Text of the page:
I'm sorry for the all-caps, but this poet-on-poet hate has got to stop.

It's said letter-writing is a lost or dying art. That what we think is activism is really slacktivism. Then what do you call Anonymous' letter? What possible purpose in hell does it serve? From where I'm sitting, it endeavors only to stir the pot, shame the bitch*, and keep the gate.

Yes. Keep the gate. Gate-keeping. Usually the only people who rail against those who rail against The System are those who directly benefit from said system, and are therefore invested in its stagnation, its glacial pace for reform and change.

Because come on. When people use the word "handout," or respond with venom to someone's suggestion that a large organization "share the wealth," they are probably old, white, and drinking the tea. While hiding under their tables from socialism.

Fortunately, Sandra had the good sense not to write another open letter in response to this guy. Fortunately, another poet beat her to it. Emotions can get out of control in situations like this. It's hard to keep one's cool while intelligently responding to ad hominem attacks on one's character (Jerkwadanonymous calls Simonds privileged. OK. Yeah. Working poet moms across the land, didn't you get the memo?! We are the haves! Rejoice!). Maybe Simonds is better at keeping her cool than I would be. Either way, someone else stepped up to defend her, and defended her well.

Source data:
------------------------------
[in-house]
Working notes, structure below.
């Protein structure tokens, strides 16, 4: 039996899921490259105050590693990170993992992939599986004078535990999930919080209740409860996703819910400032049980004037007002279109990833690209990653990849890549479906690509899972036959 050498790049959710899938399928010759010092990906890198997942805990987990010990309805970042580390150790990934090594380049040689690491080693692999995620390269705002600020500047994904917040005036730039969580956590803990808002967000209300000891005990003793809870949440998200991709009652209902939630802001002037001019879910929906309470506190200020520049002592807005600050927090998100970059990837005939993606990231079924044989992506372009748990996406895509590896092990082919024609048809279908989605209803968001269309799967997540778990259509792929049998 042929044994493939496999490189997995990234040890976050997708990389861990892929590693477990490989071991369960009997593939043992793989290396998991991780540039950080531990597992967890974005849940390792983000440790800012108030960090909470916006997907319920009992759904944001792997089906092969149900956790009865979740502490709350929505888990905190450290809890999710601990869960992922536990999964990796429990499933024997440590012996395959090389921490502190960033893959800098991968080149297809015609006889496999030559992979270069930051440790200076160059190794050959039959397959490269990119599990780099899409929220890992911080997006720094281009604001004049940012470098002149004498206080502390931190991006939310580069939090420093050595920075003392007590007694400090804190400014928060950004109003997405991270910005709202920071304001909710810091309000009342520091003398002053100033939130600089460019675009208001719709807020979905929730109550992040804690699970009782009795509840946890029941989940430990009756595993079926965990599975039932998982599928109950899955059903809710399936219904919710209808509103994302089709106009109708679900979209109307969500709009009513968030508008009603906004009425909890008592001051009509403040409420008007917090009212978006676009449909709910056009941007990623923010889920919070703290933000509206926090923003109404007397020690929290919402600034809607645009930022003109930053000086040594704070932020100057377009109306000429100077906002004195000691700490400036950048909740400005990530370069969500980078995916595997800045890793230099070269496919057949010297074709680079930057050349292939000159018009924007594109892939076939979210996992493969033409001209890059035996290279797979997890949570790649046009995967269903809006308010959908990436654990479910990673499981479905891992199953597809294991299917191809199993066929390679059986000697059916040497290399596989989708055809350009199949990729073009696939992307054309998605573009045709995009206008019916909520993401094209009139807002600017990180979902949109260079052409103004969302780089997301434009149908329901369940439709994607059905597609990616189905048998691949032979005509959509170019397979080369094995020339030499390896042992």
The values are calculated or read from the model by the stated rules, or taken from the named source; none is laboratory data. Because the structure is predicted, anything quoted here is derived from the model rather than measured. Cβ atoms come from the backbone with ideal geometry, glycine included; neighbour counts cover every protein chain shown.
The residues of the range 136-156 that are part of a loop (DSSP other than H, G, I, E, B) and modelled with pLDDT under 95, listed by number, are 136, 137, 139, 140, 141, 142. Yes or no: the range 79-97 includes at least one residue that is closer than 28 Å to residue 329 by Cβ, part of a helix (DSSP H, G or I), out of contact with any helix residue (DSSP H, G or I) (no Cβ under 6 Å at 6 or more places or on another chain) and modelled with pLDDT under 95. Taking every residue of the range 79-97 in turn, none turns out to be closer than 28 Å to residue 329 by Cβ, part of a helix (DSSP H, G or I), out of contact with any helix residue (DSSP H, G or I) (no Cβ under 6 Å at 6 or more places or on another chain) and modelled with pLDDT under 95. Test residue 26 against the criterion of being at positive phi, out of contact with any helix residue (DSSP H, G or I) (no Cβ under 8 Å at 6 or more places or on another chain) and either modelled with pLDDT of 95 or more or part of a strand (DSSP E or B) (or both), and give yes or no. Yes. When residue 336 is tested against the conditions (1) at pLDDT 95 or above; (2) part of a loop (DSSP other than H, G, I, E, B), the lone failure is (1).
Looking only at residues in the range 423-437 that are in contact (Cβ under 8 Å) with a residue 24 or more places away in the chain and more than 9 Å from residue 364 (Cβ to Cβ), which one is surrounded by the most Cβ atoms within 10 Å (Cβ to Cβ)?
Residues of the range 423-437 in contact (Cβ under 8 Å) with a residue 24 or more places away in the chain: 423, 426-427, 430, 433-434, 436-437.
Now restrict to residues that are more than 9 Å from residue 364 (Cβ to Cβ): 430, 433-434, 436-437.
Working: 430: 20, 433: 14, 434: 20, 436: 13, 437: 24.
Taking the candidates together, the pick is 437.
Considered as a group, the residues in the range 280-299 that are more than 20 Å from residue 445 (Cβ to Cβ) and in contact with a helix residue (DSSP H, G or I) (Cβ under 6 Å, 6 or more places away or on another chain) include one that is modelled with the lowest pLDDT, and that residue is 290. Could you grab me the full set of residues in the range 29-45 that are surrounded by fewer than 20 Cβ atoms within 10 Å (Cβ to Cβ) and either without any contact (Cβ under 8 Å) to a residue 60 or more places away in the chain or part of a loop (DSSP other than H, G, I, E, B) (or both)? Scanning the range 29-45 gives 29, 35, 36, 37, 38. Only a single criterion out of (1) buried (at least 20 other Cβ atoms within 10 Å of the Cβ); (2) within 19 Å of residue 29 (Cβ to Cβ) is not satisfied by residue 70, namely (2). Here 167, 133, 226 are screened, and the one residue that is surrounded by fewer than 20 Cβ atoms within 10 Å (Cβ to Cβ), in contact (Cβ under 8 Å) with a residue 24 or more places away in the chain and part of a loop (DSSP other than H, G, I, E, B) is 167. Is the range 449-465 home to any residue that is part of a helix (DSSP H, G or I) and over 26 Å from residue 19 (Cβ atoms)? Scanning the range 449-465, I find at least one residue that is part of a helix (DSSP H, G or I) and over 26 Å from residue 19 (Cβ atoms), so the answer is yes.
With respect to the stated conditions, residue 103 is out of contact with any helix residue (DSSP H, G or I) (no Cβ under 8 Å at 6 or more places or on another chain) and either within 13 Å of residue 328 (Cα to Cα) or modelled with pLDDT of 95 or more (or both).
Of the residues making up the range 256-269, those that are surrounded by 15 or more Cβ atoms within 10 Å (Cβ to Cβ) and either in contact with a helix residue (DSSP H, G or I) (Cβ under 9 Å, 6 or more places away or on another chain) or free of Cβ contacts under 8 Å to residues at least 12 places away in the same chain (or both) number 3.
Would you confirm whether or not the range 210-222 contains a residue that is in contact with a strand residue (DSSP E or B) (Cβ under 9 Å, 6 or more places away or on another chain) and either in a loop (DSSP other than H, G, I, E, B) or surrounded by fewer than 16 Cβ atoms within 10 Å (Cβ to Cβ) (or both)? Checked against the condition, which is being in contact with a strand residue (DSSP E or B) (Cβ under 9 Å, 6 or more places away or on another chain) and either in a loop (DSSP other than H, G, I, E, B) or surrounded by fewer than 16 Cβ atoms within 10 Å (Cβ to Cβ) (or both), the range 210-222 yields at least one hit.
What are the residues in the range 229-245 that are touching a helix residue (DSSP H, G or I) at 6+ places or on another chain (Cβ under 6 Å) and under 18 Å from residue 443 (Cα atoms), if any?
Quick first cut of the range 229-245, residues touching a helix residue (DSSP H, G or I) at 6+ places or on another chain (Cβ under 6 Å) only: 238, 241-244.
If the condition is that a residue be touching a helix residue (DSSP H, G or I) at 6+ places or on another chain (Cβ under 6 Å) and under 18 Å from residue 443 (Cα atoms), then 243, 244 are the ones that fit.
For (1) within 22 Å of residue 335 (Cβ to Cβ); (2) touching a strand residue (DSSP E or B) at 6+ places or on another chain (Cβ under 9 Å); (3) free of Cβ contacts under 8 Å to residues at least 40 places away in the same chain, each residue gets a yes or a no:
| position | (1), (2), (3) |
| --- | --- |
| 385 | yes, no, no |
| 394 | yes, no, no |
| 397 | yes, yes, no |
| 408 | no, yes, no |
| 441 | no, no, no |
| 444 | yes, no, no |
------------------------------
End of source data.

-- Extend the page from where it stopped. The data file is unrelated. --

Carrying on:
Erin Lyndal Martin wrote an open letter in response to Jerkapotamusanonymous' open letter in response to (stay with me here) Simonds' original open letter. To HTMLG's credit, they posted this one, too, so thanks to them for presenting both sides.

I wait with the proverbial bated breath to see whether Jerkfacekillahnonymous** will wax epistolary in sequel. Not really.

Ms. Martin, in her letter, immediately re-hoisted what was to me the most glaring charge levied against the Poetry Foundation by Simonds, and which was completely ignored by Anonymous as a viable reason for letter-writing, for Simonds' appeal:
Last year the Poetry Foundation’s income was over seven million dollars and the foundation’s total assets are well above 150 million dollars. I was disappointed to learn that the Poetry Foundation gives only around $7,500 annually to poets in need. It seems appropriate that since Mrs. Lilly’s endowment came from pharmaceuticals, the foundation would commit some portion of its vast resources to underwrite the cost of health insurance for the poets she so admired.